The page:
My colleague remembers one and only one lecture from her undergrad studies ten years ago. It is surely no accident that this class was given by Cédric Villani, the renowned mathematician and research communicator. Through stories from his own life and experience leading the Institut Henri Poincaré, Villani makes it clear how communicating with the public about your research can bring many benefits to any researcher.
Photo credit: The French-American Foundation
One spring evening, as we enter San Francisco’s Commonwealth Club, my colleague reminisces that the only – the only – lecture she remembers from her studies ten years ago was given by tonight’s speaker: Cédric Villani. At the time, the mathematician was both the youngest and one of the most promising professors at the Collège de France. And his unmistakable spider pins had already taken up residence on his lapel.
Today, the head of the prestigious Institut Henri Poincaré is also one of three well-known researchers lending their name in support of Science & You, the international conference devoted entirely to science communication, coming up at the beginning of June. At this recent appearance, Prof. Villani described for us the things that drive him to communicate his own work and the experience of doing research, and what scientists can gain from doing the same.
Funny and natural before an audience, one of Villani’s strengths lies simply in bringing his humanity to a subject that is alien to many. A shy child—“a human monument to the glory of shyness”, even—he now makes monthly TV appearances. He spends a great deal of time talking to the public about math and research, which also lets him talk about adventure and mystery and luck. “Every day I get emails from strangers saying, 'We saw your talk. My child wants to do research, now.'” Things like this allow him to feel the impact his efforts have on the public, even if they are very hard to quantify.
A Public Thirst for Scientists
Something that could be quantified is the overwhelming number of speaking invitations he receives. When he won mathematics’ highest prize, the Fields Medal, in 2010, a TV station called him and another winner, requesting an interview. While the other declined, Villani accepted, reflecting the strong culture of public communication at the École Normale Supérieure in Lyon, where he was a professor. From that moment on, it never stopped. “I realized the appetite of the public was just enormous. There is this great public thirst to see and talk to scientists.”
This relationship has been changing, he feels, the desire increasing over the last 20 years. “In the past, it would have been considered a waste of time for scientists, but it has changed in our minds, too.” For him, personally, Cédric Villani says, it’s partly a philosophical exercise. He always feels better after explaining his research to someone and observing its place in the larger scope of history.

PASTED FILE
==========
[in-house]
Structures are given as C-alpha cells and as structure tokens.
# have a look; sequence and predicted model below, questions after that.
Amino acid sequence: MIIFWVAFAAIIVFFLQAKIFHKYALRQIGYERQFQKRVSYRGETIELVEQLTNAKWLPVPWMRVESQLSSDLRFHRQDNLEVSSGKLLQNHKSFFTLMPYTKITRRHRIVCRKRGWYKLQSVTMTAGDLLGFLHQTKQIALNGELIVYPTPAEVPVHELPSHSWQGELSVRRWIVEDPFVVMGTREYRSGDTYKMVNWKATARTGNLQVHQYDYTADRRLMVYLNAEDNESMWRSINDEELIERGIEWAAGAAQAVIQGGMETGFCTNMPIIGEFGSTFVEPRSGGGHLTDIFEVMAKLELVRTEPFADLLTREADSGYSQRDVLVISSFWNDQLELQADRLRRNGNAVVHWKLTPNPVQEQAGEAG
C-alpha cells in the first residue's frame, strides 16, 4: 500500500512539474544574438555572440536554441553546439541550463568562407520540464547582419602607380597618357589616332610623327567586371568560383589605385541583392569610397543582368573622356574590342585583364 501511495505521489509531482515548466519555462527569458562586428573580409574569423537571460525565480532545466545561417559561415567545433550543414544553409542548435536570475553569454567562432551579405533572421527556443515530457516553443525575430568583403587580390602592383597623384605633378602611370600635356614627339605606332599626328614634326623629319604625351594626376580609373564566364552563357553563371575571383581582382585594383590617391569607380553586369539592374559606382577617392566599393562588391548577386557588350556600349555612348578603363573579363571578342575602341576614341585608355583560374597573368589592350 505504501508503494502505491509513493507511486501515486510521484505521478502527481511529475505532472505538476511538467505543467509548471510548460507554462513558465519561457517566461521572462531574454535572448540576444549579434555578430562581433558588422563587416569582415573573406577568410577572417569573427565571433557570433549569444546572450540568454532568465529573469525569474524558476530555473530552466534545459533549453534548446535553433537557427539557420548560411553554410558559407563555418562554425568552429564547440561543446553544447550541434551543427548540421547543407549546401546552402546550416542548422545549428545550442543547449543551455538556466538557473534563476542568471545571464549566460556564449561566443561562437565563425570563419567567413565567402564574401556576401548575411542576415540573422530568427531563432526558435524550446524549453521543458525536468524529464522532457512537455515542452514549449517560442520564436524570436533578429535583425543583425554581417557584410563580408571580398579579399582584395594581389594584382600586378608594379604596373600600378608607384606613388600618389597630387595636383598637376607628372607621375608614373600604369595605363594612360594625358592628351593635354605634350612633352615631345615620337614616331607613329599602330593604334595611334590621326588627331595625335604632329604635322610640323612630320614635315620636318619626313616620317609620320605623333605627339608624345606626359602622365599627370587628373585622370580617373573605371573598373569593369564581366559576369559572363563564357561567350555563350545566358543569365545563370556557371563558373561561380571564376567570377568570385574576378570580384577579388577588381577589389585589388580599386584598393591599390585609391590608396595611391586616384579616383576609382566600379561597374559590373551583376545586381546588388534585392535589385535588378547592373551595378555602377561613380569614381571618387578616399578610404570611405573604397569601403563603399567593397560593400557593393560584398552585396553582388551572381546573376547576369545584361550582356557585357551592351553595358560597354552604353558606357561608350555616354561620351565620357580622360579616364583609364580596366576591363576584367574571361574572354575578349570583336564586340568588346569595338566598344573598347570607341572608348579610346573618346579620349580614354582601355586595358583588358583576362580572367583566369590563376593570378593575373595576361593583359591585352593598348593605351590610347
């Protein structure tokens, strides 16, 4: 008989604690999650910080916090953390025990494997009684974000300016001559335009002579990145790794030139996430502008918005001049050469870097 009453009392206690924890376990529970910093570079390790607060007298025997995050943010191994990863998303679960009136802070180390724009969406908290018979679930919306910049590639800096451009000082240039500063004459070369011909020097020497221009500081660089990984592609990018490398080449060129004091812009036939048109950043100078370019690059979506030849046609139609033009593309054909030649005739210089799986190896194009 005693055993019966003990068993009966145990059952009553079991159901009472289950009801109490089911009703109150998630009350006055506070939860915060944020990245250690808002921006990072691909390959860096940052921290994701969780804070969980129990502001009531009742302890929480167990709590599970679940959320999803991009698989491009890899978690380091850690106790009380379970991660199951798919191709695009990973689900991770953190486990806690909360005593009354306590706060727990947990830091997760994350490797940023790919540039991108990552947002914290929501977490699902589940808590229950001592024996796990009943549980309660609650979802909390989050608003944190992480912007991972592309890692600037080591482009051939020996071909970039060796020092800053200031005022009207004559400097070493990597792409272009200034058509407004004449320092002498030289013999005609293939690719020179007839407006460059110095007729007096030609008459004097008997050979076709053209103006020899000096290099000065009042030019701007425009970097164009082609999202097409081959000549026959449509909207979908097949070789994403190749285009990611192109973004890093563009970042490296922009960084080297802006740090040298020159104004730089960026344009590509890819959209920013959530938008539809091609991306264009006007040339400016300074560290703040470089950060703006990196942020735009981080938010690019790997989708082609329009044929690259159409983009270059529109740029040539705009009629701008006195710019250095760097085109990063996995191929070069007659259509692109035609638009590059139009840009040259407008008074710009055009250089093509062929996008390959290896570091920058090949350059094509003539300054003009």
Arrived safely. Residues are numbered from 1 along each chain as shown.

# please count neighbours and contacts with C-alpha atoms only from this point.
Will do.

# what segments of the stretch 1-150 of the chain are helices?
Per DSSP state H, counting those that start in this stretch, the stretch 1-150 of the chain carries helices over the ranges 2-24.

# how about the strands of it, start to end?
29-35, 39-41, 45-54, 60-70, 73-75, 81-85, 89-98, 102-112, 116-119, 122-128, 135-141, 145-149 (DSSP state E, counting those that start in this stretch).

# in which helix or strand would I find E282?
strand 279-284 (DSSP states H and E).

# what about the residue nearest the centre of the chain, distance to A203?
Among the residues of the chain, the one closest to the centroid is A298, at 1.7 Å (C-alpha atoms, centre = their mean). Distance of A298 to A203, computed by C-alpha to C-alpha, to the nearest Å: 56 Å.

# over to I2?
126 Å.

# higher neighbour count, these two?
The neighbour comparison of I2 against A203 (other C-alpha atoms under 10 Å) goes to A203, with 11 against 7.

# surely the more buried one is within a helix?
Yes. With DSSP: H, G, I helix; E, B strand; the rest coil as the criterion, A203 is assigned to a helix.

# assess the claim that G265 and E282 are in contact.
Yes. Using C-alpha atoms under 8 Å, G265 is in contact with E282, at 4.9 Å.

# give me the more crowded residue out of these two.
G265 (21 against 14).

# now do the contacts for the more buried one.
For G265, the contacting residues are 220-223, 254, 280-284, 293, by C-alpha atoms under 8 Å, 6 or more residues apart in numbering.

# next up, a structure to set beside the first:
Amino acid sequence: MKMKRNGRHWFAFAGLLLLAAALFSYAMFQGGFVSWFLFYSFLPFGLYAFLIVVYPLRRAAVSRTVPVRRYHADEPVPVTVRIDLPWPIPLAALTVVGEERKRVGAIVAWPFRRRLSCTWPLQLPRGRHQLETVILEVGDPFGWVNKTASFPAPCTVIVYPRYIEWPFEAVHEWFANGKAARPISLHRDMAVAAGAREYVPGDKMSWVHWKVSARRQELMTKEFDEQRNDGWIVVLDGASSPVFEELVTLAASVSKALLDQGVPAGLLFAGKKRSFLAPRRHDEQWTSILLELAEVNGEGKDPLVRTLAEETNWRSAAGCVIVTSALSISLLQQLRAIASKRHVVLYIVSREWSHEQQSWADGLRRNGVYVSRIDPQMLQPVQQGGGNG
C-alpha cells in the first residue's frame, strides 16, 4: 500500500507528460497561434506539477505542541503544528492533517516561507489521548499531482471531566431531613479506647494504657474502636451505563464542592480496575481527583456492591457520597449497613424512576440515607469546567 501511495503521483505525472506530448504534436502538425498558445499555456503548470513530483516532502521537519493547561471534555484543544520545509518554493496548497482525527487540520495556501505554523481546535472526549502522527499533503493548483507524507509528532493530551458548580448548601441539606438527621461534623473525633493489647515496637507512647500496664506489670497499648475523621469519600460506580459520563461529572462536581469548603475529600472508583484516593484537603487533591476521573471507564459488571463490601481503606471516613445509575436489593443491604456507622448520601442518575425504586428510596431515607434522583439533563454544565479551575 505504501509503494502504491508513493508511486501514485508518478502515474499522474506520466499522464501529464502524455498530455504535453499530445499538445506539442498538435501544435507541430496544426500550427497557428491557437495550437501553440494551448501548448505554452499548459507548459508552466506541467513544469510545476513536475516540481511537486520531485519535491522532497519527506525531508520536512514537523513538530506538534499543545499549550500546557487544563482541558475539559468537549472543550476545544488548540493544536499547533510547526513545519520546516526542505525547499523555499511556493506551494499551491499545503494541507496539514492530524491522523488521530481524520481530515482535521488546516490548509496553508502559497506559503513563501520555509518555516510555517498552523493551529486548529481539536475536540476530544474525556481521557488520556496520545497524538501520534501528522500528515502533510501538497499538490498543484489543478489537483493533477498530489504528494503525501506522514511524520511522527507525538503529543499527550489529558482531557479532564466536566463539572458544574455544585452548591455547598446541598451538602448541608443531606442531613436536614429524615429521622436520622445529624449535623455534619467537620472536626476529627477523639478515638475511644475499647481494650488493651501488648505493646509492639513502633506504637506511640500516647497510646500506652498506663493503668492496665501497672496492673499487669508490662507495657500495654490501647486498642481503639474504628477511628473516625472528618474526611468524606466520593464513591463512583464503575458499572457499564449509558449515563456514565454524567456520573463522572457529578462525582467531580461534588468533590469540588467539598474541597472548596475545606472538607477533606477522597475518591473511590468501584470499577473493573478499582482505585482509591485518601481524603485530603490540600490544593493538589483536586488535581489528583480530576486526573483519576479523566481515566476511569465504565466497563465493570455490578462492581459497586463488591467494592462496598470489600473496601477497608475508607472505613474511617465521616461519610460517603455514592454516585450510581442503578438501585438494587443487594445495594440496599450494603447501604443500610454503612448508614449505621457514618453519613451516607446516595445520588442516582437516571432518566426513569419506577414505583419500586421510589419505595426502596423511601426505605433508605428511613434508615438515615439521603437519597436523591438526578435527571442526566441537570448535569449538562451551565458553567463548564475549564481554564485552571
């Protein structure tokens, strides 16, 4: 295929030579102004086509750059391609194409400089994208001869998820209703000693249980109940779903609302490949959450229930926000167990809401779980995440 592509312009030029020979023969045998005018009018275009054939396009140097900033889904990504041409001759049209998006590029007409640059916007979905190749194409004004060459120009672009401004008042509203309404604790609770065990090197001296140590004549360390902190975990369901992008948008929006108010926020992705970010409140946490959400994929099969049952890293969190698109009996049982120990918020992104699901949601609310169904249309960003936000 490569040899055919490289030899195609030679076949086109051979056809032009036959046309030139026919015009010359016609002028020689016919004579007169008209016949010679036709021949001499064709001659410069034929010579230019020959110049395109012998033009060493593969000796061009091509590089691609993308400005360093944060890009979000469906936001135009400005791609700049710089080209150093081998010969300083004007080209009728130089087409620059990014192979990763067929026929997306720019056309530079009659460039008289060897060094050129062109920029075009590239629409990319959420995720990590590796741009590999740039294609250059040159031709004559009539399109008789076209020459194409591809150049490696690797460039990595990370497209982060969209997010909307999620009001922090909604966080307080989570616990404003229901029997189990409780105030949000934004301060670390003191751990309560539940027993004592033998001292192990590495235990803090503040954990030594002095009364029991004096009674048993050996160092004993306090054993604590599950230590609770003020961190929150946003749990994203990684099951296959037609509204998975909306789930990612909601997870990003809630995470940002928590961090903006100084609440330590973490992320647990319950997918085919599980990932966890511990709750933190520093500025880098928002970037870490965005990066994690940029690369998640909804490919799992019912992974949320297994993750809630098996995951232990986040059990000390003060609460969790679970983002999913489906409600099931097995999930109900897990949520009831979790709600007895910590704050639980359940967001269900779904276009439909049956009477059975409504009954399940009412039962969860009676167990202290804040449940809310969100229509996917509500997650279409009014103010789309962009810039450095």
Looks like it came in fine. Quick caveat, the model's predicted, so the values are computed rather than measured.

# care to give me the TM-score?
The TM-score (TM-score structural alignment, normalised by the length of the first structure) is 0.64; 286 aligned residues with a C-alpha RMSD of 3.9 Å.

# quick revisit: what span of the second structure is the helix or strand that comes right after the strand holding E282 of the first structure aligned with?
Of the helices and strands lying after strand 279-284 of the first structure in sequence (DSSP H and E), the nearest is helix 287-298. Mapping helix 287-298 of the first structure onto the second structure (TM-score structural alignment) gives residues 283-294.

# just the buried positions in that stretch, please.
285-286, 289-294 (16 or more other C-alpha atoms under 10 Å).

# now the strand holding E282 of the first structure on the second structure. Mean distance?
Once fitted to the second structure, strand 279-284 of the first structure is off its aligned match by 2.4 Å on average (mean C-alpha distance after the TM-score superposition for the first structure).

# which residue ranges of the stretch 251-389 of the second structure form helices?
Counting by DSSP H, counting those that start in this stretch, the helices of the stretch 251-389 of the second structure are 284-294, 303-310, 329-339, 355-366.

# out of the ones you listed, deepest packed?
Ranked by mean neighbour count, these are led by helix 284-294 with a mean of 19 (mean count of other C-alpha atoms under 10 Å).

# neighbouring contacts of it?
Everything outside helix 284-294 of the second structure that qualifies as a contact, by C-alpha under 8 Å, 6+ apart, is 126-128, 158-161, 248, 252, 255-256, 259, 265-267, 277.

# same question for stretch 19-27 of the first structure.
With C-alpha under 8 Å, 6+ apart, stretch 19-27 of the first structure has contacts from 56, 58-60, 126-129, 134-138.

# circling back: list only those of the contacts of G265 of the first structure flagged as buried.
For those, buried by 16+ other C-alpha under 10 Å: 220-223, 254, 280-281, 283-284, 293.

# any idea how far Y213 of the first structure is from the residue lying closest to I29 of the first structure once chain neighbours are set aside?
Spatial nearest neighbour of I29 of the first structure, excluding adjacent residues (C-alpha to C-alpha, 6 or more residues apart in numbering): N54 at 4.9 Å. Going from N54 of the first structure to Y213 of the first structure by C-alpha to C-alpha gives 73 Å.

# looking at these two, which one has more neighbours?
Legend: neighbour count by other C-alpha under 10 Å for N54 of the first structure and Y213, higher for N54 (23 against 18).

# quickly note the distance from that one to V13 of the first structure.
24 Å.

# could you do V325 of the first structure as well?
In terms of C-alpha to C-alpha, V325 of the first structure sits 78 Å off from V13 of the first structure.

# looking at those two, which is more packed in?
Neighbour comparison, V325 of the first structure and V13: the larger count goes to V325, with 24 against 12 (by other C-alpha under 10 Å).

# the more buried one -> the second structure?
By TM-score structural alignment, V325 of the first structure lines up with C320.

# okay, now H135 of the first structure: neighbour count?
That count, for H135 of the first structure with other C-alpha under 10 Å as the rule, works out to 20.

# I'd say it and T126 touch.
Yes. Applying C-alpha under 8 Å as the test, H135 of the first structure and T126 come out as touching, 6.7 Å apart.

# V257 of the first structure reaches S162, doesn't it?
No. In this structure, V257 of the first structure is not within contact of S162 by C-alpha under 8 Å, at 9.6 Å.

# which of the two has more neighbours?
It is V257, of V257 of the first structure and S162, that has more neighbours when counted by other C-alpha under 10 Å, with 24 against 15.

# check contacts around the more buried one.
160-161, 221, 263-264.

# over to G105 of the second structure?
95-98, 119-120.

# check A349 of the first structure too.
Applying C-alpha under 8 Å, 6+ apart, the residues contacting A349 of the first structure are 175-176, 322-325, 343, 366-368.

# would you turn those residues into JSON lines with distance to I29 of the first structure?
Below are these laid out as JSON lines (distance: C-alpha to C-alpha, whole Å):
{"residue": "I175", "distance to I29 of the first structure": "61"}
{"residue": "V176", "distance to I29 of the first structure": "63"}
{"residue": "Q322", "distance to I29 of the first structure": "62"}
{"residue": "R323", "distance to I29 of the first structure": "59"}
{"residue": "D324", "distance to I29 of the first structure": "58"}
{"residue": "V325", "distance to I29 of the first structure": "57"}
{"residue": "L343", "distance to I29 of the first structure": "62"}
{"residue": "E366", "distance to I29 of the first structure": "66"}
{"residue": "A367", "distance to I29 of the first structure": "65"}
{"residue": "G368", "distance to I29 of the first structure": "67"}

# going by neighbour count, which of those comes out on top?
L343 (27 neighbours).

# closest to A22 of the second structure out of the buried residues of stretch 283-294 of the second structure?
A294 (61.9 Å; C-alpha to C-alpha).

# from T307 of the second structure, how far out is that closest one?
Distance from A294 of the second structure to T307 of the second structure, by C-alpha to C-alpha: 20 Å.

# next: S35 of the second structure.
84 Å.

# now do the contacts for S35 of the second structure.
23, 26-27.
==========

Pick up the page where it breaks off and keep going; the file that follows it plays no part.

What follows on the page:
With Awareness Comes Funding
His attempts to sate the public’s thirst for contact with researchers may very well come from a generosity of spirit, but Villani has also come to know the practical benefits very well. “As the director of an institute, I was able to get public funding—a fair number of millions—for renovations to double the space for our researchers. There is no way I could’ve gotten this funding without the media awareness of what we do.” Politicians know it, too, he says, which, in some ways, is legitimate: they can see where there is interest and the public service you are providing.
What about these increasing interactions and growing appreciation for researchers and their work: How far do their effects reach into society? While the academic job market is still a battleground in most disciplines, with tenured positions few and far between, industry has picked up on the value of hiring researchers from the math world. Last year, The Wall Street Journal reported that “mathematician” came in at the very top of a survey on the best jobs out there. “Data scientists are king-of-the-hill right now,” Villani says.
He believes people are also starting to realize that research is one of the few places where you can still find adventure. The ease with which we move about the world today has diminished the thrill of global travel; there are no continents left to discover. “But there’s this idea that innovation and technology can be used to help humanity progress. Research is a big part of this.”
Cédric Villani speaks from experience in his own field, but his words could apply to any area of research and are worth other scientists shouting from the rooftops of their labs: “To someone who doesn’t know it, the desert is a dry, dead place. But if you know when to look, it’s full of life! Math is like this. From the outside, it’s dry and boring. If you know where to look, it’s full of life and passion.”